Breakout Game: Swagger by Carl Deuker
I carried the envelope to the kitchen table and carefully opened it. Inside was a color brochure and a letter. The photos were similar to the ones I'd seen on their website: ivy creeping up the side of old brick buildings, white snow blanketing a winter landscape. I took a deep breath and then read the letter from Coach Richter. He liked what he saw of me on the DVD. He thought I could be his guy.
That was the good part. The not-so-good part took up the rest of the letter.
"I'm going to be straight with you, Jonas. Your academic record worries me.There is another high school point guard with whom I'm in contact. You have the edge on the basketball court; he has the edge in the classroom. You will need to complete your current junior-year classes with a minimum 3.0 point average: Chemistry, Algebra II, Language Arts, Social Studies, Spanish. You will need to score at least five hundred on each section of the SAT. I do not need to tell you that this is a much more difficult course of study than you have undertaken in the past. It is up to you."
Jonas Dolan's life has been a slam dunk up to the end of his sophomore year. He was starting point guard on Redwood High's basketball team, and academically he had easily skinned by with Cs and Ds, just making eligibility. But when his coach suggests that he could play scholarship Division 2 basketball, his mindset suddenly changes.
But to add to the challenge, Jonas's father has to take a job in Seattle and Jonas finds himself trying out with a team that plays a different sort of basketball, one in which his skills as a fast-break player are not valued. In his late sixties, Knecht coaches old school basketball, ball-control, run-out-the-clock, and defense-oriented, and uses Jonas only to provide his starter guard Brindle with a few minutes of breathing time. Jonas makes a good friend in a tall, religious forward, Levi, and he finds some support in the new assistant, Coach Hartwell, who prefers Jonas' style of ball and had mentored him in pickup games over the summer, but he knows that unless he gets more minutes and more impressive stats to send to the coach at Monitor College, he can kiss his hopes of playing Division B ball goodbye.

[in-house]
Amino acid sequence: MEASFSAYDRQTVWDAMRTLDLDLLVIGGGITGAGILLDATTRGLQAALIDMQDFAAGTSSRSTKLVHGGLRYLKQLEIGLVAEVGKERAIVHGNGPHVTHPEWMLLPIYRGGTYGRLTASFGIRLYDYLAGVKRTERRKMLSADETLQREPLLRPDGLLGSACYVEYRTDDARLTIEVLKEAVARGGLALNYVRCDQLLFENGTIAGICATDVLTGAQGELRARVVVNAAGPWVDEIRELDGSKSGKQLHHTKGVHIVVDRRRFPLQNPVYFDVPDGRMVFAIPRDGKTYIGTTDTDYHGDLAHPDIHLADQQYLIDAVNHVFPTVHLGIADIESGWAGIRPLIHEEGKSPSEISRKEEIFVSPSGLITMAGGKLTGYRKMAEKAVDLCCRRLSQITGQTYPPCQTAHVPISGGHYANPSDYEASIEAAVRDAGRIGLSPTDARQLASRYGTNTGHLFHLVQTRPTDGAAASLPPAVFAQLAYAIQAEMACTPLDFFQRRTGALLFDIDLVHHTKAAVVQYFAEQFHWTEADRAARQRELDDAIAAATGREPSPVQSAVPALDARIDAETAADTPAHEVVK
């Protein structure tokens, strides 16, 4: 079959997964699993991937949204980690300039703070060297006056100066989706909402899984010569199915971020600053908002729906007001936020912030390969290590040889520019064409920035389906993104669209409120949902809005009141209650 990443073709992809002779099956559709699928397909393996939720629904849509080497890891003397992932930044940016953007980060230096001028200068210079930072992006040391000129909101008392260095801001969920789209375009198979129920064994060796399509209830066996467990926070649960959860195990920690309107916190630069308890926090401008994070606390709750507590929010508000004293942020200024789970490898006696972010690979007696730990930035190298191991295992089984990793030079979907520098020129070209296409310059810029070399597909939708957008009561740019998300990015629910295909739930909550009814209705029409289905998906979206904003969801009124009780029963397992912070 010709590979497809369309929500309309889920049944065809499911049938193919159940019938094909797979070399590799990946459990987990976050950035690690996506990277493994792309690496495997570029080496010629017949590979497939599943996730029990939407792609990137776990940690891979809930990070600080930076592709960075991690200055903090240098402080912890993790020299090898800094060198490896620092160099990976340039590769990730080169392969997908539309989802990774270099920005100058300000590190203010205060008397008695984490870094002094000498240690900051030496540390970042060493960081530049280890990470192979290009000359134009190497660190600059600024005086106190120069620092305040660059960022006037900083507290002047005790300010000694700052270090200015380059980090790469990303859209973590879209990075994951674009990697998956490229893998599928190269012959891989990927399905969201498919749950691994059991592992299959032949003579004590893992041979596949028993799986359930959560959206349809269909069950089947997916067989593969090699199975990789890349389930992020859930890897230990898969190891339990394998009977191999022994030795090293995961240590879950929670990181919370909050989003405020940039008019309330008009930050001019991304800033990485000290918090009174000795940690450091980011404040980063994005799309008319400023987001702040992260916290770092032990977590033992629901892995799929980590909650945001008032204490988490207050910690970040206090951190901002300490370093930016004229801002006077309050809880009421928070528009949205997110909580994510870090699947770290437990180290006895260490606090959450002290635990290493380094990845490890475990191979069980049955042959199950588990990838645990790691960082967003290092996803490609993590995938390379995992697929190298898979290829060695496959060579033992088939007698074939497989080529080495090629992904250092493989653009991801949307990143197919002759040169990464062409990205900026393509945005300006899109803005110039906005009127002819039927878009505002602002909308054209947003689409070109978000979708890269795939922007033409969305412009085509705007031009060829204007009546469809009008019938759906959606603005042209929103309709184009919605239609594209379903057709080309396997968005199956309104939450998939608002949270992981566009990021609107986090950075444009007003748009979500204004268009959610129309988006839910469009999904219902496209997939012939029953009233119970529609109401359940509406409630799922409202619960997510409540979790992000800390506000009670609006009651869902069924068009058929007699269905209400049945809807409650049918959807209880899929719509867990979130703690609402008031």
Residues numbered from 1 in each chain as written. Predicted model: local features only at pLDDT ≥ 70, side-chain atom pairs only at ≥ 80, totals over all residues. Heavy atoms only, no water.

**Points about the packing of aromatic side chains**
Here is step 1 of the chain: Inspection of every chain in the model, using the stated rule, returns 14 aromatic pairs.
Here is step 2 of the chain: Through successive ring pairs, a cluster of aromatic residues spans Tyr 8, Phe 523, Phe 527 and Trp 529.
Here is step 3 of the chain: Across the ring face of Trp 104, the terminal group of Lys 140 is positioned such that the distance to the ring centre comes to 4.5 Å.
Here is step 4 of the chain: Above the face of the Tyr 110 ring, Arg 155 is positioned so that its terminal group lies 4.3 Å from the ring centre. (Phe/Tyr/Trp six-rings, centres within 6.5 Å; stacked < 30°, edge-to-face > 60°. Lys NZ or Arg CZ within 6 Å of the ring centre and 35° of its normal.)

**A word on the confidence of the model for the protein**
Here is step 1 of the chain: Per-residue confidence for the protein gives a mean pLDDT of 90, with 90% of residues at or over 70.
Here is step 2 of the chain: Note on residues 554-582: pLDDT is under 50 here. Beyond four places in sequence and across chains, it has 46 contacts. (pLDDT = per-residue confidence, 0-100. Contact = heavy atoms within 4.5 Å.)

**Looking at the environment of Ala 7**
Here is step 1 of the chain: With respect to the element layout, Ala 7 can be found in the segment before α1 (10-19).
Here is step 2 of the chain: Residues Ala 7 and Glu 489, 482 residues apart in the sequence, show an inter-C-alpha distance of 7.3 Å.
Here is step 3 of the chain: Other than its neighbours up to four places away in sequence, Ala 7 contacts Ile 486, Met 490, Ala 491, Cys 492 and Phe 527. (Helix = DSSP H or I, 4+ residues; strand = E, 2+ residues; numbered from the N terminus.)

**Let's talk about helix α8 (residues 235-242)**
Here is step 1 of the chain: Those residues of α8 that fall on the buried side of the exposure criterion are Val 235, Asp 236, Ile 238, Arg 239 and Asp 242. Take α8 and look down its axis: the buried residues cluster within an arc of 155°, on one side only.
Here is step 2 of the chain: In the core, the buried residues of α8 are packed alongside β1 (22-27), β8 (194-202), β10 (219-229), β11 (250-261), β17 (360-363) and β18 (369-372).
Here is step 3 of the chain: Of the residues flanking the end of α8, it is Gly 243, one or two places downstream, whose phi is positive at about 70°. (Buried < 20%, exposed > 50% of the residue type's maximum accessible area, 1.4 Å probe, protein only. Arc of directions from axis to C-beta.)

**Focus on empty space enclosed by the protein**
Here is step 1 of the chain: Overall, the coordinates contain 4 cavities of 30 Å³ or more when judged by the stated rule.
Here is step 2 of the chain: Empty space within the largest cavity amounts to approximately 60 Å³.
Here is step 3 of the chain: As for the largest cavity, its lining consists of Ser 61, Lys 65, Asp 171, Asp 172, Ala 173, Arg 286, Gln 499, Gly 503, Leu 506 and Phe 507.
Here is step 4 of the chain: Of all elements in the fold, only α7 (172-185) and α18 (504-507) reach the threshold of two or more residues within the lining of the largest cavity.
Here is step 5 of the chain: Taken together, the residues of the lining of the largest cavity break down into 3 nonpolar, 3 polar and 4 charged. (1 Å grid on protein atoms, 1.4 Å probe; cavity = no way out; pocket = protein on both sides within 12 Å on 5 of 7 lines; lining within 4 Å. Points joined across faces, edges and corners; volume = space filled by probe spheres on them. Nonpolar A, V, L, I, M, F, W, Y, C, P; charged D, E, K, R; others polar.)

And then there's Mr. Butler's chemistry class. Jonas finds he can make Bs in his other courses if he works hard, but chemistry seems impossible. Confiding his fears to Hartwell, Jonas is astonished when his coach takes him to an old computer in a little used workroom.
The computer took forever to load but once it did, the screen filled with folder icons, each with a different teacher's name on it. Hartwell slid the mouse to me. "Double-click on Butler's." My heart raced. Everything was there. The lab assignments, the quizzes, the tests, the answer keys.
Hartwell said, "Jonas, I don't condone cheating, but a bad teacher like Butler--he's the real cheater. He's cheating you out of your chance for a college education."
At last Hartwell patted me on the shoulder. "I'm going to leave. If you want, you can e-mail these files to yourself."
With his worries about his chemistry grades taken care of, Jonas' only worry is getting the minutes and stats he needs to win the Monitor scholarship. Then one day in practice, Coach Knecht, who usually remains seated off court during practice, steps out onto the court just as Coach Hartwell is running down the sideline following a fast break. In the collision Coach Knecht suffers a broken hip and Hartwell takes over the team, and playing his fast-break, free-wheeling game, Jonas becomes the starter and team finds themselves winning themselves into the state finals.
But then his friend Levi confides that Coach Hartwell has made sexual advances with him, and Jonas realizes that his coach has unethically manipulated him and everyone else in his plan to take over the team and win the state championship. And when the kind and gentle Levi takes his own life, Jonas sees that he has some hard decisions to make.
Much more than a fast-paced game-play novel (which it is), Carl Deuker's forthcoming Swagger, (Houghton Mifflin Harcourt, 2013) deals with the hard choices that come with taking short cuts to success. For young adult fans of sports fiction, this one offers a look at high school sports with a wider lens that the usual fare, in which a hard-driving, fast-break style on court turns out not to be the best path to a making good choices in life. When Jonas finally understands Hartwell's ruthless approach to achieving his desires, he begins to look outside the court at other goals.